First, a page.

Data analytics remains essential for process improvement and optimization. Statistical process control and design of experiments are among the most powerful process and product improvement methods available. However, continuous process environments challenge the application of these methods. In this article, we highlight SPC and DoE implementation challenges described in the literature for managers, researchers and practitioners interested in continuous production process improvement. The results may help managers support the implementation of these methods and make researchers and practitioners aware of methodological challenges in continuous process environments.

Keywords
Productivity, Statistical tools, Continuous processes
National Category
Engineering and Technology Reliability and Maintenance
Research subject
Quality Technology and Management
Identifiers
urn:nbn:se:ltu:diva-65568 (URN)
Conference
24th EurOMA Conference, Edinburgh, July 1-5, 2017
Projects
Statistical Methods for Improving Continuous Production
Funder
Swedish Research Council, 4731241
Available from: 2017-09-11 Created: 2017-09-11 Last updated: 2019-06-18Bibliographically approved
2. Exploring the Use of Design of Experiments in Industrial Processes Operating Under Closed-Loop Control
Open this publication in new window or tab >>Exploring the Use of Design of Experiments in Industrial Processes Operating Under Closed-Loop Control
2017 (English)In: Quality and Reliability Engineering International, ISSN 0748-8017, E-ISSN 1099-1638, Vol. 33, no 7, p. 1601-1614Article in journal (Refereed) Published
Abstract [en]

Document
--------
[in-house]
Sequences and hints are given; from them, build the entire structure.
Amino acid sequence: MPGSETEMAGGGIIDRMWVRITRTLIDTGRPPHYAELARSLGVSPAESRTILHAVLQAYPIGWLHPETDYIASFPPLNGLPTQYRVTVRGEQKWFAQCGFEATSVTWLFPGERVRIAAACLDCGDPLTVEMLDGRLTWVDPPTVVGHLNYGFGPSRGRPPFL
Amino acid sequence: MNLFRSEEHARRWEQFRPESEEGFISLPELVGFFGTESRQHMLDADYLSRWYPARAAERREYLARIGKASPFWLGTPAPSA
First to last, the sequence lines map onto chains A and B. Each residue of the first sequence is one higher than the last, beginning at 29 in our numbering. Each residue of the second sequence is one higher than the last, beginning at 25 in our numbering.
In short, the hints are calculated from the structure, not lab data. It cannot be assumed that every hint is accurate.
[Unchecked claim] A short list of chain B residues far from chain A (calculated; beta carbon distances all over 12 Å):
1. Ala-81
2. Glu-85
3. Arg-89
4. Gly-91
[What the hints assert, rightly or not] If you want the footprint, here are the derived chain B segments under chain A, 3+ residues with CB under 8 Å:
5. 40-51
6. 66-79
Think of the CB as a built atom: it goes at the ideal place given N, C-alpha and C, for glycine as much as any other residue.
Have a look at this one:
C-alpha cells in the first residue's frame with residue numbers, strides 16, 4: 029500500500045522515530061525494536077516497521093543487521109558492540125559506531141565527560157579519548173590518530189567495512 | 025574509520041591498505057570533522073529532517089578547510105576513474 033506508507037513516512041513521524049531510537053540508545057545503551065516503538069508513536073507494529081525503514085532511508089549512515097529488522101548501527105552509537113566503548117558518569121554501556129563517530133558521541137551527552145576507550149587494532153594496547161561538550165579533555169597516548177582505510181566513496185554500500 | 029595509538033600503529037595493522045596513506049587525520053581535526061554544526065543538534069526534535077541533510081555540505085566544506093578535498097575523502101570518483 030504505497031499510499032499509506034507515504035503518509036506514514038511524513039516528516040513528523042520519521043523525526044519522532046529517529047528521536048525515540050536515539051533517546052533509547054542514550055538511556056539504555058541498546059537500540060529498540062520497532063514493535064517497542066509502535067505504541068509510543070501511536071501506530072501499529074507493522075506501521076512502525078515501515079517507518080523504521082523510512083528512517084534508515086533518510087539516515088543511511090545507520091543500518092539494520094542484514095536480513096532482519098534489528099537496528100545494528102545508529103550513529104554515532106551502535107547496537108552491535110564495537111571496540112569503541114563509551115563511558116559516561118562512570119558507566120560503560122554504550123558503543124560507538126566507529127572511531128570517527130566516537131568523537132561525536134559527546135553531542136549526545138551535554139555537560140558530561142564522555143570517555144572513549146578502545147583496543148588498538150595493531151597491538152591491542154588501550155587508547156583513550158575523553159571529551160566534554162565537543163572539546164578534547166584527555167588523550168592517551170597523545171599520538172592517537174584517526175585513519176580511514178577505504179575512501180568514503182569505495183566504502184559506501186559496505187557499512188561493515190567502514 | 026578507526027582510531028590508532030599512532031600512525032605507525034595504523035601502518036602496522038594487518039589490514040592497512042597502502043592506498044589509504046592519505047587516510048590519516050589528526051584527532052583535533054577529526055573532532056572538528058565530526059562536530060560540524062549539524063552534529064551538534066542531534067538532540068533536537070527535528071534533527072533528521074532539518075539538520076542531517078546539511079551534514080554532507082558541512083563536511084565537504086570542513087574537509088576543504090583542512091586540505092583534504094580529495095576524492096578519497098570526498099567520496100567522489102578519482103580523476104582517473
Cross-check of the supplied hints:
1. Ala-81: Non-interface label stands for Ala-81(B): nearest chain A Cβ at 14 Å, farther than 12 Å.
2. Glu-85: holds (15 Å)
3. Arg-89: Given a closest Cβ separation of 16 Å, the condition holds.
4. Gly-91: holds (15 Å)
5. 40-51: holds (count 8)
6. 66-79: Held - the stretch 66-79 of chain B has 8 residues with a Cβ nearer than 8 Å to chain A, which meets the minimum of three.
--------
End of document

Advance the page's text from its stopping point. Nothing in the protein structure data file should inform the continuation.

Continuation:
Industrial manufacturing processes often operate under closed-loop control, where automation aims to keep important process variables at their set-points. In process industries such as pulp, paper, chemical and steel plants, it is often hard to find production processes operating in open loop. Instead, closed-loop control systems will actively attempt to minimize the impact of process disturbances. However, we argue that an implicit assumption in most experimental investigations is that the studied system is open loop, allowing the experimental factors to freely affect the important system responses. This scenario is typically not found in process industries. The purpose of this article is therefore to explore issues of experimental design and analysis in processes operating under closed-loop control and to illustrate how Design of Experiments can help in improving and optimizing such processes. The Tennessee Eastman challenge process simulator is used as a test-bed to highlight two experimental scenarios. The first scenario explores the impact of experimental factors that may be considered as disturbances in the closed-loop system. The second scenario exemplifies a screening design using the set-points of controllers as experimental factors. We provide examples of how to analyze the two scenarios